From the very opening scene, David Bintley's production is totally immersive and the audience are transported to a gothic castle where everything is not quite what it seems. Philip Prowse's stunning set design creates an eerie, yet at the same time - 'chocolate box' atmosphere - as we witness the beast and his staff - all seemingly trapped within the vast space.
Enter Belle (Elisha Willis) the bookish, independent - free spirit who loves to escape through her thirst for knowledge. Willis captures the spirit of the character perfectly. The opening scene features her perched on ladder - almost frozen in time - anticipating how wonderful her next read might be. The dancer glides across the stage beautifully enamouring not only the beast, but the audience, too.
There is fine support from Victoria Marr and Samara Downs as her sisters and they play the roles on the right side of garishness, whilst still retaining the delicacy required to perform in a ballet. Laura Purkiss also impresses as a jumpy vixen and Joseph Caley's Raven leads a brilliant dancing birds section which is a real highlight, as it is dark and superbly danced by the brilliant ensemble.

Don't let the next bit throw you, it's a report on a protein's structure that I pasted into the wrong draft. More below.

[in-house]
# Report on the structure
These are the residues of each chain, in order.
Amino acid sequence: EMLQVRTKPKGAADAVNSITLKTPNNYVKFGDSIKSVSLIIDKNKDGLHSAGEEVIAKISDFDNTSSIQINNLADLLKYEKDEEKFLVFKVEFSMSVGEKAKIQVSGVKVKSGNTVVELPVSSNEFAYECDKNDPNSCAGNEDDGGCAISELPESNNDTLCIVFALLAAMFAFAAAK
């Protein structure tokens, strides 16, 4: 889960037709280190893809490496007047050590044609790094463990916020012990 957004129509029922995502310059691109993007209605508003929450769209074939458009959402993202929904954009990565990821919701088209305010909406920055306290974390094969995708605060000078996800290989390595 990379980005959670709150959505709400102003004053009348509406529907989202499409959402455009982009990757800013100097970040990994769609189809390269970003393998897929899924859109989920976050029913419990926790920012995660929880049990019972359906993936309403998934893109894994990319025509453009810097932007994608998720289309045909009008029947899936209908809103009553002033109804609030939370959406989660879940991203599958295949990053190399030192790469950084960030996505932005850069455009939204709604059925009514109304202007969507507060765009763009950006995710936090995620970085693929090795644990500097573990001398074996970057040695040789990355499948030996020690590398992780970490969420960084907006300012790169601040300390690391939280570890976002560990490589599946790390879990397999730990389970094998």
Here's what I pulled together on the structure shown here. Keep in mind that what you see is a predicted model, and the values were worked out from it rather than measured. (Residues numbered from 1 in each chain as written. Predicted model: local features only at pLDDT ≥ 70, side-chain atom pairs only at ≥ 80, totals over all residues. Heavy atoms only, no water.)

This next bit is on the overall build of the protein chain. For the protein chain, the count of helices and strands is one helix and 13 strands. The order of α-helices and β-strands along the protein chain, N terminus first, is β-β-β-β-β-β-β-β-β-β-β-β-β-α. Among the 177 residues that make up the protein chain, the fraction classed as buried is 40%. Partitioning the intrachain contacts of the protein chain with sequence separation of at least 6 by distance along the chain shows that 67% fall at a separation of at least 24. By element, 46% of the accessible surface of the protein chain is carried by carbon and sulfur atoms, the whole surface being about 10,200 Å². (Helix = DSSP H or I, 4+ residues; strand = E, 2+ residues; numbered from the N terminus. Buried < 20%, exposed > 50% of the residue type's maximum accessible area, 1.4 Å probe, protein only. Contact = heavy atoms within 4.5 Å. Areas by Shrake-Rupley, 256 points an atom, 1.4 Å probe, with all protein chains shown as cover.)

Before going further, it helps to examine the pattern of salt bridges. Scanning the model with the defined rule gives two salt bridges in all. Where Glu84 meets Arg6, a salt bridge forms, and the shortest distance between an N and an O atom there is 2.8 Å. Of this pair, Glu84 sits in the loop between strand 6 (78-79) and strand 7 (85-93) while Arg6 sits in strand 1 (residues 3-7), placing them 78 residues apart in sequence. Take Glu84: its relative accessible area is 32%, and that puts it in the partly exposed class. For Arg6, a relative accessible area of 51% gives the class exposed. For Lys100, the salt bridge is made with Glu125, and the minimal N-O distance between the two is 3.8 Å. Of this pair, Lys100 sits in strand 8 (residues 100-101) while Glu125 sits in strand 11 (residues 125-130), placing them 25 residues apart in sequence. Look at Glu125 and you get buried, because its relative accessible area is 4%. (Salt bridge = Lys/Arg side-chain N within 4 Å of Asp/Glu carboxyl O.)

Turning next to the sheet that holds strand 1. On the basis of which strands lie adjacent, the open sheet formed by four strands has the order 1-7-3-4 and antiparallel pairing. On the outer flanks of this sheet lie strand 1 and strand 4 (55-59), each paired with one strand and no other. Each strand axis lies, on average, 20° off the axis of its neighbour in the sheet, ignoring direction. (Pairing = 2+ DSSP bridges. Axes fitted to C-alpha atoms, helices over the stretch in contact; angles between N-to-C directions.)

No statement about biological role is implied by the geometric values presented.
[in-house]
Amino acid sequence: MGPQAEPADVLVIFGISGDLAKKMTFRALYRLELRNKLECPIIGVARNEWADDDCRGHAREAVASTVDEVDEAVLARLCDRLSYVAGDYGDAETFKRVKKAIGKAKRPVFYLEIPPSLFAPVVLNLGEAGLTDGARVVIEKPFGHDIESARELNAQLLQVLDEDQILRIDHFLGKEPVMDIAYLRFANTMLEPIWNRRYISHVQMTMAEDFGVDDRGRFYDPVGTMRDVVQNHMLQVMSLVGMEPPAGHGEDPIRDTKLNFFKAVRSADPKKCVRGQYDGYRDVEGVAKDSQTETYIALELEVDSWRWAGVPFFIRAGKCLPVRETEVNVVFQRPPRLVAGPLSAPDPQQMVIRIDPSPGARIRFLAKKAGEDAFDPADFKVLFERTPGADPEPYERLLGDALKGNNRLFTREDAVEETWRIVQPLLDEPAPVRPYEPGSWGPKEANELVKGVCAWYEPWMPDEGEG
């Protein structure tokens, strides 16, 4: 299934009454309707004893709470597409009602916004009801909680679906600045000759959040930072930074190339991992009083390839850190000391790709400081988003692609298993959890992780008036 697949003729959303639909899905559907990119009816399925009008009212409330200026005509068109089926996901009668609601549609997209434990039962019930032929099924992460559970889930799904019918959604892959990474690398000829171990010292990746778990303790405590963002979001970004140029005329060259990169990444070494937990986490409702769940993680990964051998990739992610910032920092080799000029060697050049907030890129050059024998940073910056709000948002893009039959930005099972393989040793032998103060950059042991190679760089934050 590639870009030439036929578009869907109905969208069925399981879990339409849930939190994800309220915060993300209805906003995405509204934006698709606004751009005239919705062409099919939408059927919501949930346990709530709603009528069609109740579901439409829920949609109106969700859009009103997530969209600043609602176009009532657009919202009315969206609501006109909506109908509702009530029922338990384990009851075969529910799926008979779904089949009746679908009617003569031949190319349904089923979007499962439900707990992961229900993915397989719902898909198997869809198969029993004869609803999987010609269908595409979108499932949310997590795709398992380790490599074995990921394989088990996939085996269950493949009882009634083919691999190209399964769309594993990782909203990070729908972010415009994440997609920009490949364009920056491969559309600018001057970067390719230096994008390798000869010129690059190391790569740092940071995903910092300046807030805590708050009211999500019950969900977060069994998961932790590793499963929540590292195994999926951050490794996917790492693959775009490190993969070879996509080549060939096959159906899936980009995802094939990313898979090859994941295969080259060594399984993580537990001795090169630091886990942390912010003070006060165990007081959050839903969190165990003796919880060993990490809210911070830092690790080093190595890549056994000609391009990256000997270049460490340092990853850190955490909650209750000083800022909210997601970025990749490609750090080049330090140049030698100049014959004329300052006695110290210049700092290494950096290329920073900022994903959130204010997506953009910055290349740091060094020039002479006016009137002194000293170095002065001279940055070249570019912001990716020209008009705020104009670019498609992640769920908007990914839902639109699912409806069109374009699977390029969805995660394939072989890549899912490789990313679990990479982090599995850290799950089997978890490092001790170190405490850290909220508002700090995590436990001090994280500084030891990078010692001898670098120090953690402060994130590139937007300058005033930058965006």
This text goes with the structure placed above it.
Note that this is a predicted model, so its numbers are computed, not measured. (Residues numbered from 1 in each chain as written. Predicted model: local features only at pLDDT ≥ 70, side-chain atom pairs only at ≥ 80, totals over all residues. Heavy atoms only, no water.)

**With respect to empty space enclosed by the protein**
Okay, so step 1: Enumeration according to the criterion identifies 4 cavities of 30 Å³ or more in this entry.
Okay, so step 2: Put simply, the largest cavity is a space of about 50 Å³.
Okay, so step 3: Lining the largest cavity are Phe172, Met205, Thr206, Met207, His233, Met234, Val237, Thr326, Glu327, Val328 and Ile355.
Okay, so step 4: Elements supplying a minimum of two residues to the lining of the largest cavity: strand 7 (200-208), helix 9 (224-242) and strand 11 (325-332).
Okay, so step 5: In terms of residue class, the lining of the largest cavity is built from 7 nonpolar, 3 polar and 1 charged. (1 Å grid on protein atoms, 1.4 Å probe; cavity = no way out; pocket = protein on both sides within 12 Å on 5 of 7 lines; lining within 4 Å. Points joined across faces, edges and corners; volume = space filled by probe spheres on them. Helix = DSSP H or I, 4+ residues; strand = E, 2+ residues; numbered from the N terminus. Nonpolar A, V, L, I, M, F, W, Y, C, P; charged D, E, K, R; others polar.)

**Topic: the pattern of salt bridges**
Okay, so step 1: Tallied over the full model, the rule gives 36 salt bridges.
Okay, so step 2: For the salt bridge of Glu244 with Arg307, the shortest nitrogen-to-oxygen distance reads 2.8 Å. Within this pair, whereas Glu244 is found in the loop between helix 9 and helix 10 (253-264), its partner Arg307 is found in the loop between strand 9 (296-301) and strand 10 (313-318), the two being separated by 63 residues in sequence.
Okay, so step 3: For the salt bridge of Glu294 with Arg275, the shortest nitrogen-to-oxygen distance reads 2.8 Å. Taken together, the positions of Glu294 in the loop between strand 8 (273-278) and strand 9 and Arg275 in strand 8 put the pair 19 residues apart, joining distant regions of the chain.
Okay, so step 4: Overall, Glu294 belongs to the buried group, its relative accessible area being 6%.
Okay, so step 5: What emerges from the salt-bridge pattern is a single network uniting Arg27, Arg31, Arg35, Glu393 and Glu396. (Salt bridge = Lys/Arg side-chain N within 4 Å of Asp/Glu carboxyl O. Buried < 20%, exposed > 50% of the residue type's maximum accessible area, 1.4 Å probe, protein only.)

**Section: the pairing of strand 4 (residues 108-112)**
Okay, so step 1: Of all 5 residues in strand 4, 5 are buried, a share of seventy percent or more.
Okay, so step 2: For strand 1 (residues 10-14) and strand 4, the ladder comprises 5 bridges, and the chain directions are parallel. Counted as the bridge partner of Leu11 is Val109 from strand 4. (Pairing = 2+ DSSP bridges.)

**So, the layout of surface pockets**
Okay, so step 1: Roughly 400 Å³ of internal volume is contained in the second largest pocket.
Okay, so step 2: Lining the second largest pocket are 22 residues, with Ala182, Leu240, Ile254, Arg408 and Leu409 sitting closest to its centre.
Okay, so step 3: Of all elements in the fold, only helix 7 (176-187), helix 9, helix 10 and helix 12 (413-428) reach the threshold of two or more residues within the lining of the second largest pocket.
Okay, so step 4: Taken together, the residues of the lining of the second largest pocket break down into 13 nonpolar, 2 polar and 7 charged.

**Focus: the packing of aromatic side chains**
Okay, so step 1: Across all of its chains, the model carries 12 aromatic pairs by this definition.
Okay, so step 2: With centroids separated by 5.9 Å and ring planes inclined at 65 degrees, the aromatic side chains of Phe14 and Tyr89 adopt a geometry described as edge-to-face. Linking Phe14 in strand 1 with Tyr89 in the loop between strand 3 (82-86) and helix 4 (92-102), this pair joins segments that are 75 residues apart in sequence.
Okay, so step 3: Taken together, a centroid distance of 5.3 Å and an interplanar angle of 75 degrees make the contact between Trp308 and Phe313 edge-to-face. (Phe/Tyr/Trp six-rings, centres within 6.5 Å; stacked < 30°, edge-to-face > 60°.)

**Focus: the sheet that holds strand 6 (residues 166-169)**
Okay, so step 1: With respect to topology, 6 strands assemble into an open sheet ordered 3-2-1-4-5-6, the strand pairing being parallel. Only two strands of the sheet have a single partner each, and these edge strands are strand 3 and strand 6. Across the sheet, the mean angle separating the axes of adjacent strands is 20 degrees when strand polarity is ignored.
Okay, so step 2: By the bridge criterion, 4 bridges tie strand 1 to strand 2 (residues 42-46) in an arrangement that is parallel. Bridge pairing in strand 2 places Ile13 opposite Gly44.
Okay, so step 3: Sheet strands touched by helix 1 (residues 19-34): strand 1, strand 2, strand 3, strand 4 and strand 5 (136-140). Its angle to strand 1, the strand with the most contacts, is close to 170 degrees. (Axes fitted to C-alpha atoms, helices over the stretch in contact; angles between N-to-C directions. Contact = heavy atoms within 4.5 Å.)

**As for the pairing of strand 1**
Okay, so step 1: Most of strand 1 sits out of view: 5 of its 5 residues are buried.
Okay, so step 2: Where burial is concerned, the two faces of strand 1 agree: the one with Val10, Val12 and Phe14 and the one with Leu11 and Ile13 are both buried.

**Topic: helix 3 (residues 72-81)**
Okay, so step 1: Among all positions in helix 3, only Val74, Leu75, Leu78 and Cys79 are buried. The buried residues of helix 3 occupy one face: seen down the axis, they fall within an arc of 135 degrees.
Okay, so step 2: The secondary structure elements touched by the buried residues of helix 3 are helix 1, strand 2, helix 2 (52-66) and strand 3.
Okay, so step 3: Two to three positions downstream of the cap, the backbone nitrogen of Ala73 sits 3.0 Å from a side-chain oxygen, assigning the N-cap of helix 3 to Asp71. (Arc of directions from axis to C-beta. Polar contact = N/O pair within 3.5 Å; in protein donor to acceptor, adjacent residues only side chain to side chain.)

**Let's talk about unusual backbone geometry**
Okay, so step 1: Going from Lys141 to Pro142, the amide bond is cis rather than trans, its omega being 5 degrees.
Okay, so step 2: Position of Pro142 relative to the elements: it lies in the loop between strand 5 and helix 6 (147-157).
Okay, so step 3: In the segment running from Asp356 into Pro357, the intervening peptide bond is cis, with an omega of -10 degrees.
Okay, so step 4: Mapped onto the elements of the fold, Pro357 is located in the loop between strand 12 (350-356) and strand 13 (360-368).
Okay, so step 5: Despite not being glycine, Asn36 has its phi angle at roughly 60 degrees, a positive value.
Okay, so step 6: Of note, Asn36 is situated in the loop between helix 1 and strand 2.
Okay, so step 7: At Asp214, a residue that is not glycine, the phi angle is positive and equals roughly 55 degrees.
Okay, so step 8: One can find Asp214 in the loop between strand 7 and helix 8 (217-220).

Bintley's choreography is memorable, as it features enough varied moments, to stop it from becoming static. Glenn Buhr's moving music has a fairy tale quality and is mesmerising. The excellent Royal Ballet Sinfonia led by conductor Paul Murphy clearly enjoy playing such stirring music and it provides the piece with life and passion.
Robert Parker's Beast is a brilliant creation because the dancer gives him a sense of menace and frustration, despite the fact that his costume resembles a mangy cat. He rises above this and his chemistry with Willis is a joy to behold.
With a great transformation scene and Mark Jonathan's evocative lighting adding darkness one minute and the dawning of a new day- the next, Birmingham Royal Ballet's Beauty and the Beast is a gorgeous rendering of a family favourite.